Saturday, 8 February 2014

Anas horribilis

April 2013 saw me undertake a near 270 mile round trip down to Strontian in search of the long staying Black duck. I had just returned from offshore Morocco, the bird had not been reported for some time and in consequence a nasty little dip was the order of the day. With the bird recently reported back in its' winter quarters, a second attempt was obviously required. This morning at 06:00 the high section of the A835 south-east of Ullapool was white with snow, the wind creating a near blizzard and I seriously thought about aborting my attempt, however by the time I got to a reasonable turning area the snow had abated so I cautiously continued my journey. 20 minutes later I was rewarded with a fine barn owl flying over the road- a scarce bird in this part of the world since the local populations were decimated by two very long, harsh winters a few years ago. After a brief crossing on the Corran ferry I arrived in Strontian. Several small groups of mallard could be seen scattered around the bay but there was no sign of the target bird- I had a horrible sinking feeling in my stomach as I drove on to the main car park. As I was putting on my waterproofs Peter Stronach saw the bird fly in to the bay- happy days! We watched the bird wing-flap showing the conspicuous white underwing. It moved slowly around the bay with a female mallard and it certainly looked as if they had paired off. Despite putting out some bread all of the ducks refused to come in to feed and in very low light and rain I could only get a couple of miserable record shots. It was a long way to twitch a duck and I did not find it a particularly exciting species- drab plumage and no real interesting behaviour - maybe I'm being a bit harsh but it is certainly not my most enjoyable trans-atlantic vagrant- even if it was a 'lifer'!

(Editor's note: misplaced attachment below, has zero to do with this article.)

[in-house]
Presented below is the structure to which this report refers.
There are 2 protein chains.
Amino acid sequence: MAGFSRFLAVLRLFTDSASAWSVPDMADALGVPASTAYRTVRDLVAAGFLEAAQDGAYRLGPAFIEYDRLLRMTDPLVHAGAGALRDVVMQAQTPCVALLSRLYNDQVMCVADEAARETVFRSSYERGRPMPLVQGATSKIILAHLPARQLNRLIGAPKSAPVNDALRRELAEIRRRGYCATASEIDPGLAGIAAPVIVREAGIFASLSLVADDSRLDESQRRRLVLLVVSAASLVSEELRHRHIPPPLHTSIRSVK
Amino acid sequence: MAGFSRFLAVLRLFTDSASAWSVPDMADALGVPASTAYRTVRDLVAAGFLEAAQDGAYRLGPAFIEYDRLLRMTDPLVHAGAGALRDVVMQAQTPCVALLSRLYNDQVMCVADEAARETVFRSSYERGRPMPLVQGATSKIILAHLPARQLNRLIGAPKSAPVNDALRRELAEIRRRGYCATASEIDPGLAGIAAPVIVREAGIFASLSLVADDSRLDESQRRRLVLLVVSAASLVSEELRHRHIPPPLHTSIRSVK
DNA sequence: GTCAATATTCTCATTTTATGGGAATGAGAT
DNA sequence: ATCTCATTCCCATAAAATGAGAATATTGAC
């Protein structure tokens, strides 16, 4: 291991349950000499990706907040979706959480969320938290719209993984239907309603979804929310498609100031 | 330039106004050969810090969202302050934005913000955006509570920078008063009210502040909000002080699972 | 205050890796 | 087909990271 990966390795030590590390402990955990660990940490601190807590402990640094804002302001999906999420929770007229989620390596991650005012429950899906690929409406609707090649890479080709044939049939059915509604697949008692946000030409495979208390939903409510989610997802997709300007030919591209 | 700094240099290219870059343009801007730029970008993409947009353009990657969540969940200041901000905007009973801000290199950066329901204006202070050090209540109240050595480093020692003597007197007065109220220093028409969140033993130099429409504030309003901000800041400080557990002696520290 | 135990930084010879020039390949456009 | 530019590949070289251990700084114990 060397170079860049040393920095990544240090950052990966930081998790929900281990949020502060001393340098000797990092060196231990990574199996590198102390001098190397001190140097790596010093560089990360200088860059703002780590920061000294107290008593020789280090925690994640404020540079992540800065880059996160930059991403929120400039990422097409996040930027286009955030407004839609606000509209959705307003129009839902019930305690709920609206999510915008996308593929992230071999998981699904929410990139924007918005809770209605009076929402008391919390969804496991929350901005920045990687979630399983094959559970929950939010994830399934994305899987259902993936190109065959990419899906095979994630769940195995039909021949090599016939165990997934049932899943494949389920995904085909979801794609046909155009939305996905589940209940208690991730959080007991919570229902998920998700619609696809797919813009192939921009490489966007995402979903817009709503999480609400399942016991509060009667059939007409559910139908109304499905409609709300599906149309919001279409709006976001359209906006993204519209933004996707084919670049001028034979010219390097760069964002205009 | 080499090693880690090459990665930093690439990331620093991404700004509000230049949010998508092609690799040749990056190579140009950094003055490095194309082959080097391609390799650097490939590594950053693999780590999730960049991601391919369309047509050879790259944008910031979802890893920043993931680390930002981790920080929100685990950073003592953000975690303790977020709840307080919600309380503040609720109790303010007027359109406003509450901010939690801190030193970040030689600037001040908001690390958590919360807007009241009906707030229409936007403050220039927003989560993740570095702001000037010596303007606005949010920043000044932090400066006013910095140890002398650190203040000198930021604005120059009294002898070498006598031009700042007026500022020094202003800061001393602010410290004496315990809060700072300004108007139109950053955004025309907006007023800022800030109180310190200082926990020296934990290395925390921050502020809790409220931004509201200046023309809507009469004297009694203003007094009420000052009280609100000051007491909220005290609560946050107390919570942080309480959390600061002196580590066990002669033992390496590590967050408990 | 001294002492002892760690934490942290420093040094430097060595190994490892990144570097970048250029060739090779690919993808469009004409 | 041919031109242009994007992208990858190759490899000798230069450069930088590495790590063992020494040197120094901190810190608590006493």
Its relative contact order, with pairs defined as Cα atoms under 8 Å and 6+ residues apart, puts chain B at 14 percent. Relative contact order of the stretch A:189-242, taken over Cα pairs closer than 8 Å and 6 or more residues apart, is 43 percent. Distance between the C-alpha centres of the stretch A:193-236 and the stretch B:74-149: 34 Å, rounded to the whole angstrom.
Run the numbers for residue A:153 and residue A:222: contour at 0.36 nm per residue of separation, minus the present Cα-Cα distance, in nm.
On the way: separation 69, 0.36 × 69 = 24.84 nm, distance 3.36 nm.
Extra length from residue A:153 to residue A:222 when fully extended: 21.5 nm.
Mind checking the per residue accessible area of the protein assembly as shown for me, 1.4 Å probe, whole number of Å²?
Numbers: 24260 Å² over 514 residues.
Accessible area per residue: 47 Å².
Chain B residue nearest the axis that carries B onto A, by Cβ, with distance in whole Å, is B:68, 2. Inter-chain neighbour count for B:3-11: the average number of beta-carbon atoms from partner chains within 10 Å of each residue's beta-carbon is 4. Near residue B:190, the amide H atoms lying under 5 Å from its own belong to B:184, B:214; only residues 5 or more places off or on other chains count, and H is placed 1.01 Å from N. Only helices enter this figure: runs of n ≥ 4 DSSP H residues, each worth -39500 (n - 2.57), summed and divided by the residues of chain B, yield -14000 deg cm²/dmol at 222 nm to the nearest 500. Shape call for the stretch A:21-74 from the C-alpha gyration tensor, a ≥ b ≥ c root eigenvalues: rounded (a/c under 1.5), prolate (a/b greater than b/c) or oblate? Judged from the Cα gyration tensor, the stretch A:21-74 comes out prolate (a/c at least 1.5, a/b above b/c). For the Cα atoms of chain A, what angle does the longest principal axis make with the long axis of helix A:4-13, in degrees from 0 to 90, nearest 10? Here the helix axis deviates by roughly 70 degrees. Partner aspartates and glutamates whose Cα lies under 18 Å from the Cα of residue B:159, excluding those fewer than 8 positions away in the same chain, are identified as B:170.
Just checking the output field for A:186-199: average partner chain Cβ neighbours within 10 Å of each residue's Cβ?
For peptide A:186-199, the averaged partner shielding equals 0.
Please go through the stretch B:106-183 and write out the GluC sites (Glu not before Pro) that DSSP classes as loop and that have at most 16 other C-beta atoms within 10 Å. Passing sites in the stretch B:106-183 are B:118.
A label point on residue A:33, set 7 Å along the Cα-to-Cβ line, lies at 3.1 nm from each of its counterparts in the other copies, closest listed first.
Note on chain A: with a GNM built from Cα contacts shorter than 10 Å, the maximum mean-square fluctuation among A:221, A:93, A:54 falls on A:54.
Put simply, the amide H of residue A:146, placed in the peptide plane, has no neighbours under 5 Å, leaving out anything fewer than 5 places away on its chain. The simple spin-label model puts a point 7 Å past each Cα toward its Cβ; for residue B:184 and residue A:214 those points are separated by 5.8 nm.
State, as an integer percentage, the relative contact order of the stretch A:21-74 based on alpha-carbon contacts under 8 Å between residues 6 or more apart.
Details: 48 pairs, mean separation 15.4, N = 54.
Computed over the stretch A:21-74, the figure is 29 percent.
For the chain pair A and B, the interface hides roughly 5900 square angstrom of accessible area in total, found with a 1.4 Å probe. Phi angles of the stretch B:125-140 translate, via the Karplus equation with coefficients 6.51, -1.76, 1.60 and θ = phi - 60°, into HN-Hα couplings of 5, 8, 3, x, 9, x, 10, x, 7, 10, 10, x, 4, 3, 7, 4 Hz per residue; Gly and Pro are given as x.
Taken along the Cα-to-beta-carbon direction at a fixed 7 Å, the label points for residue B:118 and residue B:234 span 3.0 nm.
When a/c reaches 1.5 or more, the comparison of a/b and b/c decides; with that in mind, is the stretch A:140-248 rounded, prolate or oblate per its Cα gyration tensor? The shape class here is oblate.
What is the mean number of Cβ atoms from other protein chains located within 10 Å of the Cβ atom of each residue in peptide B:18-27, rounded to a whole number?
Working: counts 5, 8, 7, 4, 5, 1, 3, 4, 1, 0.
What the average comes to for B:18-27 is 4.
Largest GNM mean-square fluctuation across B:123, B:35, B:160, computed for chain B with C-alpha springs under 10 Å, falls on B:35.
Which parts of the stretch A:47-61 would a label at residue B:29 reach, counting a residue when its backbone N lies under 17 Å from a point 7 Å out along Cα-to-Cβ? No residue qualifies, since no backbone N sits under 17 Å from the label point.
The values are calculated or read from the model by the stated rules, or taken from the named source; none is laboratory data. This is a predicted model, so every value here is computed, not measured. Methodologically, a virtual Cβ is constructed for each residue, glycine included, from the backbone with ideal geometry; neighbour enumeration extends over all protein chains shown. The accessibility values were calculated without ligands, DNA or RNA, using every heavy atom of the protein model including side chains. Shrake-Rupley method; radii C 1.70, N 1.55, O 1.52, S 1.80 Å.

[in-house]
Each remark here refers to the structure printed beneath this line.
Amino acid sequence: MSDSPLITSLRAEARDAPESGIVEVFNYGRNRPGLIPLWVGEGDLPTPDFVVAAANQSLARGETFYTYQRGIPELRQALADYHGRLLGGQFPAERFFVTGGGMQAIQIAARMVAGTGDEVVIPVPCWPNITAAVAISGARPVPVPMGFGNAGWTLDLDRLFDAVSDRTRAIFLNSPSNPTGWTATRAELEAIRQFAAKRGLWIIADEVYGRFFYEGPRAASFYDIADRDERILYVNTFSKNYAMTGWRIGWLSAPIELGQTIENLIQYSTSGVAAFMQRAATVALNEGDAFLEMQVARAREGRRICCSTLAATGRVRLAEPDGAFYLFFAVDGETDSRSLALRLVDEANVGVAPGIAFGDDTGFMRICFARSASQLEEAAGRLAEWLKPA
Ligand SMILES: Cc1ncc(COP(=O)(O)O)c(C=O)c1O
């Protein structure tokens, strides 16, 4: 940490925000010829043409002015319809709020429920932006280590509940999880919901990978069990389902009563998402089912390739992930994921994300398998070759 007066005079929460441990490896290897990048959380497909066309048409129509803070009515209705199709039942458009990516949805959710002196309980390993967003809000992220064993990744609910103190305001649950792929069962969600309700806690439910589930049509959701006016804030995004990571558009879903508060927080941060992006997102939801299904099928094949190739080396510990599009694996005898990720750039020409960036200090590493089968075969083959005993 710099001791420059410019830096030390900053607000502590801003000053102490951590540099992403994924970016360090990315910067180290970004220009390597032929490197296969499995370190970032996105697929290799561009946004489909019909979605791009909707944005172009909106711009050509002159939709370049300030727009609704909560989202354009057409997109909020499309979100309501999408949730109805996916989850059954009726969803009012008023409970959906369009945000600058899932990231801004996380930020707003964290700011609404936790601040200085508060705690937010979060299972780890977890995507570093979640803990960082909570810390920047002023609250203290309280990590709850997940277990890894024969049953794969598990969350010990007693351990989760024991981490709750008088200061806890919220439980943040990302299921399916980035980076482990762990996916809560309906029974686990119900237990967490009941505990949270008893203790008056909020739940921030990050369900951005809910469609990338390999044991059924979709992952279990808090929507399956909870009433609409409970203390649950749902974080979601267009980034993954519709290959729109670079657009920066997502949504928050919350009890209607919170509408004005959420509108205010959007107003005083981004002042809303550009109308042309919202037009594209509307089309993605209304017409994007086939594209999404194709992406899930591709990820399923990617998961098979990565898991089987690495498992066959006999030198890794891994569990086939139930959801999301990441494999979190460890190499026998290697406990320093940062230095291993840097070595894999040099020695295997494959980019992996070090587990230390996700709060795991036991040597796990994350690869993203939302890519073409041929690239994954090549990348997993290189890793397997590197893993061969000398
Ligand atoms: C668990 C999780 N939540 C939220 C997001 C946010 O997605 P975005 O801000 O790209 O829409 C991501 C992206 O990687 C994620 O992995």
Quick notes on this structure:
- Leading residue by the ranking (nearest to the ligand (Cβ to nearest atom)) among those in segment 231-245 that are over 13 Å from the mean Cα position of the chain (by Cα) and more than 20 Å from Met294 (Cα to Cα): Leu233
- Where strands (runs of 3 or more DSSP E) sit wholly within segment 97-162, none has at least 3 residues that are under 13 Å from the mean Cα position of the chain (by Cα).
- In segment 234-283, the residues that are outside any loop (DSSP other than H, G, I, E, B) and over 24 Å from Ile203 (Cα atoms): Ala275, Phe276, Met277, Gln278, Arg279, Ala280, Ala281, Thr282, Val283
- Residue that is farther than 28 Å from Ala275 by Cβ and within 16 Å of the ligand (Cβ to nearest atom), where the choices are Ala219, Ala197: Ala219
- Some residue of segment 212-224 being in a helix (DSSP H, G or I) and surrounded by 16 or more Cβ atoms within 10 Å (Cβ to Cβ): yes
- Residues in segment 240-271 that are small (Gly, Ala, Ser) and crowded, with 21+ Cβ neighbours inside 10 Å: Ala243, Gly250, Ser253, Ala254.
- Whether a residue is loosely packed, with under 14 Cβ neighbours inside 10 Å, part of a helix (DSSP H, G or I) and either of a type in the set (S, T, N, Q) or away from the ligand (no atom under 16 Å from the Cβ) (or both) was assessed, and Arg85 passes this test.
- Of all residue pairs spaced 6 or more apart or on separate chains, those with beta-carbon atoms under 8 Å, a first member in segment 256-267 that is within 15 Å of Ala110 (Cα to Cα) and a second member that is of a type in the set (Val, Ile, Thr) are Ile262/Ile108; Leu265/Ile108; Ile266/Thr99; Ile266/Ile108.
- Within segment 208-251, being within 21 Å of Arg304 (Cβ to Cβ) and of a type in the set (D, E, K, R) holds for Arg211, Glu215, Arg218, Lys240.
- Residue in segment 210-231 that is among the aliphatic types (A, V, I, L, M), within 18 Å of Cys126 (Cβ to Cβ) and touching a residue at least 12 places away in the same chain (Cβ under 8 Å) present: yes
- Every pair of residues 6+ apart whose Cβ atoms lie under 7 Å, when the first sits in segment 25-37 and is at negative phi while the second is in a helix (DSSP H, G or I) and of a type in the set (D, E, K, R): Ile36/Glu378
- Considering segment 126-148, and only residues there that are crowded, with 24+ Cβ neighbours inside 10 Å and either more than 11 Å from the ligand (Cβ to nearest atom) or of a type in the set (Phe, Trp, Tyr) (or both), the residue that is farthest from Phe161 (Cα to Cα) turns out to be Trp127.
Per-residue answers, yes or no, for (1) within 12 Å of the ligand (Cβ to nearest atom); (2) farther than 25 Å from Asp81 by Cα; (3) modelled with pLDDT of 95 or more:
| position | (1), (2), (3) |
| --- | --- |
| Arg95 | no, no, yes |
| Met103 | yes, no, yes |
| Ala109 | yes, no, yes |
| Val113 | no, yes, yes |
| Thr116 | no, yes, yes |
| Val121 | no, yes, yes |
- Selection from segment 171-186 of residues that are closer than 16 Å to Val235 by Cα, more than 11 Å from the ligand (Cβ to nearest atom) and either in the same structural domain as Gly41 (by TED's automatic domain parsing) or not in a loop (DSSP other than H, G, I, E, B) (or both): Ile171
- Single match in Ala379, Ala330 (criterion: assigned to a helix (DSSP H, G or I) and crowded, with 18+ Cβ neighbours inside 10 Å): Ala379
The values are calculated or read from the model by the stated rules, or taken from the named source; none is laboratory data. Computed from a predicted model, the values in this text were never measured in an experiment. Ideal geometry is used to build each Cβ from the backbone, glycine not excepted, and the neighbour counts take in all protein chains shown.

The 'special relationship'

I have also done a bit of diving and ducking closer to home- Portmahomack on the east coast to be precise, where I had nice views of a smashing drake velvet scoter and a very sleepy long-tailed duck.

snoozing long-tailed duck
velvet scoter

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